Black Wall Street, also known as Little Africa, was an excellent example of the Black Community in America that did business and was the wealthiest Black Community in the United States. This model district had its own churches, restaurants, grocery stores, movie theaters, one hospital, a bank, a post office, libraries, schools, law offices, private airplanes, and even a bus system. Some people compare Black Wall Street to a mini Beverly Hills. The community was so tight and wealthy because they traded dollars hand-to-hand, and because they were dependent upon one another. It was not unusual that if a resident’s home accidentally burned down, it could be rebuilt within a few weeks by neighbors, it was a day-to-day scenario in that particular community. On Black Wall Street, a lot of global business was conducted, the community flourished from the early 1900’s until June 1, 1921, when everything changed for the black citizens of Tulsa.
On the night of May 31, 1921, mobs called for the lynching of Dick Rowland, a black man who shined shoes, after hearing reports that on the previous day he had assaulted Sarah Page, a white woman, in the elevator she operated in a downtown building. A local newspaper had printed their own story, stating that Rowland tried to rape Page, and that a hanging was planned for that night. As groups of both Blacks and Whites converged on the Tulsa Courthouse, a White man confronted an armed Black Man (a war veteran), who had joined with other Blacks to protect Rowland. After fighting over the gun, the gun went off, the white man was dead, and the riot was on.
The gunshots triggered an almost immediate response by the white men, many of whom fired on the blacks, who continued firing back at the whites. The first “battle” was said to last a few seconds or so, but took a toll, as several white and black lay dead or dying in the street. The black contingent retreated toward Greenwood.
The armed white mob pursued the black group toward Greenwood, with many stopping to loot local stores for additional weapons and ammunition. Along the way innocent bystanders, many of whom were leaving a movie theater after a show, were caught off guard by the mob and began fleeing. Panic set in as the white mob began firing on any blacks in the crowd.
At around 1 a.m., the white mob began setting fires, mainly to businesses on commercial Archer Street at the southern edge of the Greenwood District. As crews from the Tulsa Fire Department arrived to put out fires, the white mob turned them away at gunpoint. As news traveled among Greenwood residents in the early morning hours, many began to take up arms in defense of their community, while others began a mass exodus from the city.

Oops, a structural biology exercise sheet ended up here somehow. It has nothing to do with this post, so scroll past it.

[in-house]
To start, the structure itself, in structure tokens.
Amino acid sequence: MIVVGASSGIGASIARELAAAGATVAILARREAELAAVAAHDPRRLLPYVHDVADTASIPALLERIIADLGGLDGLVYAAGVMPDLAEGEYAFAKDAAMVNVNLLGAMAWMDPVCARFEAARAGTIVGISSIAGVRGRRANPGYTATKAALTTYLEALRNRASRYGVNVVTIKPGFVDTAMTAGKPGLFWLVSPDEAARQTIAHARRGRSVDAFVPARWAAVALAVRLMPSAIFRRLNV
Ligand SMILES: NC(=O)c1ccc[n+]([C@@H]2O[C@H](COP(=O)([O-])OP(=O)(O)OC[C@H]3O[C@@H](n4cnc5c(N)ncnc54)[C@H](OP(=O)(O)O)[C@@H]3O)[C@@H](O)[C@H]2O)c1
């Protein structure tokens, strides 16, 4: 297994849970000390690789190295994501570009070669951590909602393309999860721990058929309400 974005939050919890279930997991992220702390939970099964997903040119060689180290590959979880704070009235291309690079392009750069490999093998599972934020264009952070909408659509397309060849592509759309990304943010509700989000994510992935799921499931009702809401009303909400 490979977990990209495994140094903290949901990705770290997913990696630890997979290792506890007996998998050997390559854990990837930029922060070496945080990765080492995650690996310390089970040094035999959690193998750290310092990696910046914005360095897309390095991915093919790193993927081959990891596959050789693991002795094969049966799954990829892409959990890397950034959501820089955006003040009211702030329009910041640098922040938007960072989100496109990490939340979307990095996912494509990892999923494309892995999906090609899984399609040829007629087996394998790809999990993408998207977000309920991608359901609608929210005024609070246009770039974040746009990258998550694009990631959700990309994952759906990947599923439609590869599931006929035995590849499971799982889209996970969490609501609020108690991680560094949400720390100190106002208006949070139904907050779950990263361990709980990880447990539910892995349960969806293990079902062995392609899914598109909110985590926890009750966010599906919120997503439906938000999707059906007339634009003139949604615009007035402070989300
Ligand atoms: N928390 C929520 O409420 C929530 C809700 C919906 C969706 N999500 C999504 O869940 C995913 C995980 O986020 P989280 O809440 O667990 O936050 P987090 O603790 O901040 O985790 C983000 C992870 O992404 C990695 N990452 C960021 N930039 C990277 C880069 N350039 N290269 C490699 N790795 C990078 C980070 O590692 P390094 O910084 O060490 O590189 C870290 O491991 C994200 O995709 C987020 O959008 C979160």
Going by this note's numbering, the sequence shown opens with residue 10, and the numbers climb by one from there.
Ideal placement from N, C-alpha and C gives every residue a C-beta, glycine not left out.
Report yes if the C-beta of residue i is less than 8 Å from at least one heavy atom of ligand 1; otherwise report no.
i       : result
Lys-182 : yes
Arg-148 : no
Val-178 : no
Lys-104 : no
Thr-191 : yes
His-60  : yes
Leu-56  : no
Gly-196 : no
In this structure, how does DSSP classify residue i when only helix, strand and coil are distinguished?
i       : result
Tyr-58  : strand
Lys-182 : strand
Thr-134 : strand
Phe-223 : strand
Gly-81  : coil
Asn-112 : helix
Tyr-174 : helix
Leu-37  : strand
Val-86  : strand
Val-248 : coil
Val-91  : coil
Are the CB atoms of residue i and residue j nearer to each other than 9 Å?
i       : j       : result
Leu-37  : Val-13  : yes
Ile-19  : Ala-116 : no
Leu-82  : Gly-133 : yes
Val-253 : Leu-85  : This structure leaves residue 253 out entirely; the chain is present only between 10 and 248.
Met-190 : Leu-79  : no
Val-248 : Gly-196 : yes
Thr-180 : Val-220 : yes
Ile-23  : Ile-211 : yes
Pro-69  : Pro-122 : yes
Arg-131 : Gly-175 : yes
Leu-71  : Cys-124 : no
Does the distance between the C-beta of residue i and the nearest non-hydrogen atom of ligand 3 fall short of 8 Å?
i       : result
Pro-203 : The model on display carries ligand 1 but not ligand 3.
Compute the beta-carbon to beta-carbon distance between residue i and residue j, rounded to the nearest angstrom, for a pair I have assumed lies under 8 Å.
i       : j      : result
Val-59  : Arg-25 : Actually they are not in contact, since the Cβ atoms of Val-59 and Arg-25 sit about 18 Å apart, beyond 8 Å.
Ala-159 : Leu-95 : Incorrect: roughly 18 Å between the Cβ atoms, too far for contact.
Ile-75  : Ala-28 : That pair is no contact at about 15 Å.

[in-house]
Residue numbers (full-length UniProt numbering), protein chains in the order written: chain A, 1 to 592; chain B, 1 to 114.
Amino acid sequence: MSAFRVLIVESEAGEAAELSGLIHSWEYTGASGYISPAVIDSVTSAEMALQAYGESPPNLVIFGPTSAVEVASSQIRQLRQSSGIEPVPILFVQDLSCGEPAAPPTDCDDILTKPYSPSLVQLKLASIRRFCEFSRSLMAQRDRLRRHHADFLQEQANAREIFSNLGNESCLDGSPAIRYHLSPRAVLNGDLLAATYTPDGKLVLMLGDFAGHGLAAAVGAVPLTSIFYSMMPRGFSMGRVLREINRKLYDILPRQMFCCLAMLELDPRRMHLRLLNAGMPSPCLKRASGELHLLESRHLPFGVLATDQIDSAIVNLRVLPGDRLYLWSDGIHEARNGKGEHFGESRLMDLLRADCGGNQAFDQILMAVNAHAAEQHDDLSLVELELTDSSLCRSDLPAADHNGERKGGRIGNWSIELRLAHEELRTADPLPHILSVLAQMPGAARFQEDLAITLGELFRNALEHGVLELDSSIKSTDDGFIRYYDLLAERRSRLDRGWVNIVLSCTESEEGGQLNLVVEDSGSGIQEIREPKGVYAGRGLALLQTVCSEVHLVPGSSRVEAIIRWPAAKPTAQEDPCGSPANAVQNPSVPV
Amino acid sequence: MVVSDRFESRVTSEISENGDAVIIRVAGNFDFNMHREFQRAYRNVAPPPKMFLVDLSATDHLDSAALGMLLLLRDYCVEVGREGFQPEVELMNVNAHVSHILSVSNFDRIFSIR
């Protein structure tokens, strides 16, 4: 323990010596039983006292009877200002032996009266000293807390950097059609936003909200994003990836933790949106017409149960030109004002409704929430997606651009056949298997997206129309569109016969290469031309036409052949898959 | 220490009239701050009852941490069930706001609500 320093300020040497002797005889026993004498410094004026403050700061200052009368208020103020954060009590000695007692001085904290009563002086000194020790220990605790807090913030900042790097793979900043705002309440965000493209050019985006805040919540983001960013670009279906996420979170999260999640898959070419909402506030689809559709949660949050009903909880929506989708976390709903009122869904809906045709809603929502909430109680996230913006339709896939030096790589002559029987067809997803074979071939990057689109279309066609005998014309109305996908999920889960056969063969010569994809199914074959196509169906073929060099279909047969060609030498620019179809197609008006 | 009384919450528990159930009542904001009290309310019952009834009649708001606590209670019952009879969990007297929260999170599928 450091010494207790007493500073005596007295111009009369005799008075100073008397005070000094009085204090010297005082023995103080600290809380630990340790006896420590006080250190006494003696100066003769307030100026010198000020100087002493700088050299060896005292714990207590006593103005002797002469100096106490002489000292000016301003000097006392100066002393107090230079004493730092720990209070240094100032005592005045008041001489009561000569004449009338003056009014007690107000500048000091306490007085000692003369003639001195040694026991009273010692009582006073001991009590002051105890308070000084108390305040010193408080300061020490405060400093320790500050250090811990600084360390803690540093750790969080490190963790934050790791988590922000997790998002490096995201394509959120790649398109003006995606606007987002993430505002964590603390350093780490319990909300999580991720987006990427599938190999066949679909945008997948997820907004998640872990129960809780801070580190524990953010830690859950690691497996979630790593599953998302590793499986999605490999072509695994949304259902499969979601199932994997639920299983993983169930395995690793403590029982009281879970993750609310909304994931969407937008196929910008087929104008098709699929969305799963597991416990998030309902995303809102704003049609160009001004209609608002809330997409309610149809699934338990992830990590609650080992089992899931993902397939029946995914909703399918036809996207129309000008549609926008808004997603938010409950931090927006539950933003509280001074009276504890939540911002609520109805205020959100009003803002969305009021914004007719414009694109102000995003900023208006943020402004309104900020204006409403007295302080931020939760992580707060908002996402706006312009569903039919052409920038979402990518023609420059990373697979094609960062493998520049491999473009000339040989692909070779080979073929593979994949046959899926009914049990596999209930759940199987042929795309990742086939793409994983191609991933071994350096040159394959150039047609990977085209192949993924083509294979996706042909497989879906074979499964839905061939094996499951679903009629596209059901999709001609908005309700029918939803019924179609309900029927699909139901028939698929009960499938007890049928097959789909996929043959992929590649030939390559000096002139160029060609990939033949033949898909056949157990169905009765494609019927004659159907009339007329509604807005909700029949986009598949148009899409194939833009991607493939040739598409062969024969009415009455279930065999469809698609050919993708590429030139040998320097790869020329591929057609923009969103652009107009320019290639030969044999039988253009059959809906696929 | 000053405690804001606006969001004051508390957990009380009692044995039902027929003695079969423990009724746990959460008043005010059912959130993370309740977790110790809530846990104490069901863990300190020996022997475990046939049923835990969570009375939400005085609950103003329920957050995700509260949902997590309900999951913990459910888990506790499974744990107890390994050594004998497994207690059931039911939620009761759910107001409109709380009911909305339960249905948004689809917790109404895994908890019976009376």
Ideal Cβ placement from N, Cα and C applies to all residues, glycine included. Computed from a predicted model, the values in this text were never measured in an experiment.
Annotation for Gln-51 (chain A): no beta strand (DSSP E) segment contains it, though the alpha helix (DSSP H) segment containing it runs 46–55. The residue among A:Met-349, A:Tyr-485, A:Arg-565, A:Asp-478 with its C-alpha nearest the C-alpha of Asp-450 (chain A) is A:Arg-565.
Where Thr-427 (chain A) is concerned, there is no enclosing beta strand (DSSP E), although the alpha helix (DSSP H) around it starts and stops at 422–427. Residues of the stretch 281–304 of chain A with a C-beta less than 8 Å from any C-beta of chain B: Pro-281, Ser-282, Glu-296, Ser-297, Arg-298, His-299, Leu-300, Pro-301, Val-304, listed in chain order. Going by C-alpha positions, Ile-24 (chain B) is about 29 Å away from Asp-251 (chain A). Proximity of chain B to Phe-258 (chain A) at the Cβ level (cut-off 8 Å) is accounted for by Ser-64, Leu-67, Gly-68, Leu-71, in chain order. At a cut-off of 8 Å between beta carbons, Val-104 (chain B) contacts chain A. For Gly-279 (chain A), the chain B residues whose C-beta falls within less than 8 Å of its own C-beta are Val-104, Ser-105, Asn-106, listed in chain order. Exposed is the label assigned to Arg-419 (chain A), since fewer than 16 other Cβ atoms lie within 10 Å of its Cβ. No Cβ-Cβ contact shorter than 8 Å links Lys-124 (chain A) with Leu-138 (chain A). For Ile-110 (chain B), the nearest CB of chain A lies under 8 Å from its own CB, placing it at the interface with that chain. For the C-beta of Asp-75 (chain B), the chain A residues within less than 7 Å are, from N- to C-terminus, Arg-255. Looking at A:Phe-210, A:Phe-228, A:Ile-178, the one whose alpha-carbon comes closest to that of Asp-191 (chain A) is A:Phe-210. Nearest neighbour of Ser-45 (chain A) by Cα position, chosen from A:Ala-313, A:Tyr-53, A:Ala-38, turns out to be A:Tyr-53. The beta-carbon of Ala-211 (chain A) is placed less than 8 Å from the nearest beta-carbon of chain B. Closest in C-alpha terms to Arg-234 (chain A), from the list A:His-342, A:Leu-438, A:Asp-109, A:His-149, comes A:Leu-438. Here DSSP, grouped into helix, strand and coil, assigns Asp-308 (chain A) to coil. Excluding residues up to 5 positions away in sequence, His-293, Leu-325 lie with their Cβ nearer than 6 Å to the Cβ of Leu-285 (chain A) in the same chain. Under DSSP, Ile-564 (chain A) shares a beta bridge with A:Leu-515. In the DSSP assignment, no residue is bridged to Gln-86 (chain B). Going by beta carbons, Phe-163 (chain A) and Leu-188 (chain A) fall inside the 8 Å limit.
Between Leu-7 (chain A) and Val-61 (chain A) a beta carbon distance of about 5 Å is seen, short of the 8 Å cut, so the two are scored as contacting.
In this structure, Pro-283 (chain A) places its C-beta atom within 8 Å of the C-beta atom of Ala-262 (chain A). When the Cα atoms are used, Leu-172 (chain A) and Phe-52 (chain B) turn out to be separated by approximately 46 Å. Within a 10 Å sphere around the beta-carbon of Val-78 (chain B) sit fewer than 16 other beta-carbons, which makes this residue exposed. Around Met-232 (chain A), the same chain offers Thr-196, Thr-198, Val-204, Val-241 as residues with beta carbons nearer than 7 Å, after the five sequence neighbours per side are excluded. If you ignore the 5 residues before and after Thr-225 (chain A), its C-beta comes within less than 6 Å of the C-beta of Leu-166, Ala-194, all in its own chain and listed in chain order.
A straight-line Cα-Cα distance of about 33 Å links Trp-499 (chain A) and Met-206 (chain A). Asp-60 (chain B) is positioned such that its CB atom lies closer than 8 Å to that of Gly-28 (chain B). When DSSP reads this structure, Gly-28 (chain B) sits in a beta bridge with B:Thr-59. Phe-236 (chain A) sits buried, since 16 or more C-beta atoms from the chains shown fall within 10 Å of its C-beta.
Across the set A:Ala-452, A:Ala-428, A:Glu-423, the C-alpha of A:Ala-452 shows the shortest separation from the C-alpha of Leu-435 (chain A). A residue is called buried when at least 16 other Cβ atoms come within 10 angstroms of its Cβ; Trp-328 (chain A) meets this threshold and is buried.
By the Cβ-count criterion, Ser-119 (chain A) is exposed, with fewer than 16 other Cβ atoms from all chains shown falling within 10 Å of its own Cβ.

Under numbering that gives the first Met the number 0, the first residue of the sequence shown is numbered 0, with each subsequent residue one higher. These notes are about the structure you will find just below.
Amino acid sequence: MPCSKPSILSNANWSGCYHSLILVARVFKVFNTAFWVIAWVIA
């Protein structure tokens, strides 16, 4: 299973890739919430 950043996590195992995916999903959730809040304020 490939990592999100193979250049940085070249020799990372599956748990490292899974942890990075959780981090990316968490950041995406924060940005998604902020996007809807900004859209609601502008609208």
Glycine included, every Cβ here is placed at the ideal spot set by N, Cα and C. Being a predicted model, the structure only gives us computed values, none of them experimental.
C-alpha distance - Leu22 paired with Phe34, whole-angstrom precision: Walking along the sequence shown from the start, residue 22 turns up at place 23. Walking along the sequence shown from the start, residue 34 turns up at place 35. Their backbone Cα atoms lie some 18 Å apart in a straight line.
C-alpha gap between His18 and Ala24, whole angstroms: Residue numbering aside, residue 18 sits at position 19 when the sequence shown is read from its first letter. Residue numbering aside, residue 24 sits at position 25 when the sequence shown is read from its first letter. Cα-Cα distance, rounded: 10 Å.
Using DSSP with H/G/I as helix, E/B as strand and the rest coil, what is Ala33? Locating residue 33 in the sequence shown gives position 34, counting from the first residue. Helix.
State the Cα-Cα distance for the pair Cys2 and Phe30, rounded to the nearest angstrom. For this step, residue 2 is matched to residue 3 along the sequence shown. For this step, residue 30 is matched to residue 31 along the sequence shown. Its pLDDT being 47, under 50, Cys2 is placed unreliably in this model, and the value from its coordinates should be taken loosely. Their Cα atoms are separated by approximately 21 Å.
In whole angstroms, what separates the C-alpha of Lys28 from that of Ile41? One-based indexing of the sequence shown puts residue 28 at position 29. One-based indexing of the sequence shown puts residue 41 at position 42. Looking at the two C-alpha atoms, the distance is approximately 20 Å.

Numerous witness accounts described airplanes carrying white assailants, who fired rifles and dropped firebombs on buildings, homes, and fleeing families. White law enforcement officials later claimed the planes were to provide reconnaissance and protect whites against what they described as a “Negro uprising.” But, eyewitness accounts and testimony from the survivors confirmed that on the morning of June 1, the planes dropped incendiary bombs and fired rifles at black residents on the ground.
A fabricated newspaper story triggered the violent riots that left hundreds, if not thousands, dead. It was the largest massacre of nonmilitary Americans in the history of the United Stated. When the smoke lifted the next day, more than 1,400 homes and businesses in Tulsa’s Greenwood District, the prosperous area known as the Black Wall Street, lay in ruins.
Approximately 1,500 to 3,000 people were killed, and a lot of them were buried in mass graves all around the city, and some others were thrown into the river. The commercial section of Greenwood was destroyed. This included 191 businesses, a junior high school, several churches and the only hospital in the district.
Today, only a single block of the Original Buildings remains standing in the area.
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